Webpack

A modern JavaScript web application includes a lot of different packages and dependencies, and it's important to have something that makes sense of it all in a simple way.

Angular takes the approach of breaking your application apart into many different components, each of which can have several files. Separating application logic this way is good for the programmer, but can detract from user experience since doing this can increase page loading time. HTTP2 aims to solve this problem in one way, but until more is known about its effects we will want to bundle different parts of our application together and compress it.

Our platform, the browser, must continue to provide backwards compatibility for all existing code and this necessitates slow movement of additions to the base functionality of HTML/CSS/JS. The community has created different tools that transform their preferred syntax/feature set to what the browser supports to avoid binding themselves to the constraints of the web platform. This is especially evident in Angular applications, where TypeScript is used heavily. Although we don't do this in our course, projects may also involve different CSS preprocessors (sass, stylus) or templating engines (jade, Mustache, EJS) that must be integrated.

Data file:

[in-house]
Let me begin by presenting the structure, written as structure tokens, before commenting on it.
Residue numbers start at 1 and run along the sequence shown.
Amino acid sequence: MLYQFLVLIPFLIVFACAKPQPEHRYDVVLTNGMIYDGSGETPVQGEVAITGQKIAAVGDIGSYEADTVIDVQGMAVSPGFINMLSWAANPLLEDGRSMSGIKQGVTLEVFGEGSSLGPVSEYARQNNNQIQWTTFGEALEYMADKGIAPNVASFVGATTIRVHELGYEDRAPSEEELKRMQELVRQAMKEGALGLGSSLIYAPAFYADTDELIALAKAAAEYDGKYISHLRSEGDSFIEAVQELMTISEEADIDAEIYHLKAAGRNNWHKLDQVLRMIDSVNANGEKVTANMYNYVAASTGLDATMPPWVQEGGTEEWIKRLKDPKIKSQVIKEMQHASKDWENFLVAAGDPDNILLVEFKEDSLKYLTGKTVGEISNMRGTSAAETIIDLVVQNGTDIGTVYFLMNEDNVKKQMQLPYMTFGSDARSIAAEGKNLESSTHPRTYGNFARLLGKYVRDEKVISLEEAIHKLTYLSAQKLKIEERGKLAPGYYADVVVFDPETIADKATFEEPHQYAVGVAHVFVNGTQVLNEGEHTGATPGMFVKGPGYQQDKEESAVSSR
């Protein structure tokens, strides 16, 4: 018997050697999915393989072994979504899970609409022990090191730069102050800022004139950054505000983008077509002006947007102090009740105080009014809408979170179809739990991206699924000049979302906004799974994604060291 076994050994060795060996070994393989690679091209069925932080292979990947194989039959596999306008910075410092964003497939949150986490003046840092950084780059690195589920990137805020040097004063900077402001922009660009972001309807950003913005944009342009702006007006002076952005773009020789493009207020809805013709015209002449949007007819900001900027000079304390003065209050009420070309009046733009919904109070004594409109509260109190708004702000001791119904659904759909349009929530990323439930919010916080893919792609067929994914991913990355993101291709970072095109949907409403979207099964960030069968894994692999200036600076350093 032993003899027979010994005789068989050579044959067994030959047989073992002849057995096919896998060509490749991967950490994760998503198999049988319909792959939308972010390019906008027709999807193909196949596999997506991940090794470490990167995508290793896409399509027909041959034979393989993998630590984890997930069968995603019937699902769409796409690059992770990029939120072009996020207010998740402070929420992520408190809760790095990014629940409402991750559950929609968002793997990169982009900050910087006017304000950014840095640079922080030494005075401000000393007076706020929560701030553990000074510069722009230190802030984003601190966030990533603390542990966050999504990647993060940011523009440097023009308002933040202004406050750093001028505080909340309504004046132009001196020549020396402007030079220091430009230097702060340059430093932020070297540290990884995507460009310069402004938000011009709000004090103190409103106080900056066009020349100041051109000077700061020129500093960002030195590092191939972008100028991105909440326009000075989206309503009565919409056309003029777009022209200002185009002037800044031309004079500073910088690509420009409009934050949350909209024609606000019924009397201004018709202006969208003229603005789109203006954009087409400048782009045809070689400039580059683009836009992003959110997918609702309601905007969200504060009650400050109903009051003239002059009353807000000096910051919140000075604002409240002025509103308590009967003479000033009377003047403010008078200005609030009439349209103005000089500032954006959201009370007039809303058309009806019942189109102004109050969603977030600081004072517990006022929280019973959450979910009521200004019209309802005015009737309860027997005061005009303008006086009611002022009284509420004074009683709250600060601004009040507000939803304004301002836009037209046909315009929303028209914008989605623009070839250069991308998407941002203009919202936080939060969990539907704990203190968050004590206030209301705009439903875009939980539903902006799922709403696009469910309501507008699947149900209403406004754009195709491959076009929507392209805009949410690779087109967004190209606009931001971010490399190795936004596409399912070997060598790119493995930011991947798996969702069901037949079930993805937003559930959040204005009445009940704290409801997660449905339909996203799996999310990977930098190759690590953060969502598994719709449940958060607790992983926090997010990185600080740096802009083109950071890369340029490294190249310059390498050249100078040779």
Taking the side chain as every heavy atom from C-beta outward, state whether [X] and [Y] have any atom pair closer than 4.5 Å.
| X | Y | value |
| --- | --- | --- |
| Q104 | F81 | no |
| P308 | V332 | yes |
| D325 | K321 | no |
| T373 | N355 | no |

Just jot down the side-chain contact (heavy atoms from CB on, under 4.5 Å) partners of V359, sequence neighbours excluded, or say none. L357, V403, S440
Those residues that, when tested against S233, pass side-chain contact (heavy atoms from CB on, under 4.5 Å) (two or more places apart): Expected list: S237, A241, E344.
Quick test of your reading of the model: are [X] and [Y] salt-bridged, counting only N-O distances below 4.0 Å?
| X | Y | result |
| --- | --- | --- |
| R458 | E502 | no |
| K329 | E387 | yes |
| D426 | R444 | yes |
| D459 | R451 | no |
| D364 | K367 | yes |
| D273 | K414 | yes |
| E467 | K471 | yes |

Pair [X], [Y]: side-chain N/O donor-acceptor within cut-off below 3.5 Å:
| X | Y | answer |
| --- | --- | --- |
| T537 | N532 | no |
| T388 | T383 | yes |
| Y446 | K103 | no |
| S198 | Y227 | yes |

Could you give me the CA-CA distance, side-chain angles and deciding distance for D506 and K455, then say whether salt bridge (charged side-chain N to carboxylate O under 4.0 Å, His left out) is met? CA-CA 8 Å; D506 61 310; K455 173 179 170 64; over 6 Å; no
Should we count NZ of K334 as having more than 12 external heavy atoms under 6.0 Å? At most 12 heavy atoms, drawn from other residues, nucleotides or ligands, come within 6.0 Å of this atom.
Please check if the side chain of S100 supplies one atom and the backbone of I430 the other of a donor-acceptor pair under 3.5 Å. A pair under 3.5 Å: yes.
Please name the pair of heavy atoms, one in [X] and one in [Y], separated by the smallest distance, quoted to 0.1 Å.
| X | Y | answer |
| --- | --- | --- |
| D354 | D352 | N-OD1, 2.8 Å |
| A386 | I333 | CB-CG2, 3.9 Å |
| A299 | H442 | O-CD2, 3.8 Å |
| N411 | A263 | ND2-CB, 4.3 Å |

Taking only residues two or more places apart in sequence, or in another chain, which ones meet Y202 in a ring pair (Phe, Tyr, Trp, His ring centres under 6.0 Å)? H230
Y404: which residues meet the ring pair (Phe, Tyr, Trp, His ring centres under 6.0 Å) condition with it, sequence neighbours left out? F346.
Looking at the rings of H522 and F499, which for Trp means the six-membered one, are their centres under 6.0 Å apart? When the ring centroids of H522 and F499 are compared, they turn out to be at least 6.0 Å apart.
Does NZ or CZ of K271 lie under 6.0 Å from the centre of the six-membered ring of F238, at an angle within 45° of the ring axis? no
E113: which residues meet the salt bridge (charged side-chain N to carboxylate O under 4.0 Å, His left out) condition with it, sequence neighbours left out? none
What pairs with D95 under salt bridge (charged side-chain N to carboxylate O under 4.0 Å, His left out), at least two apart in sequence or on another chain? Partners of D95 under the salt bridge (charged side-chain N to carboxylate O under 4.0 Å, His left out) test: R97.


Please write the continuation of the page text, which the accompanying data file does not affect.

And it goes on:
Webpack solves these problems by providing a common interface to integrate all of these tools and that allows us to streamline our workflow and avoid complexity.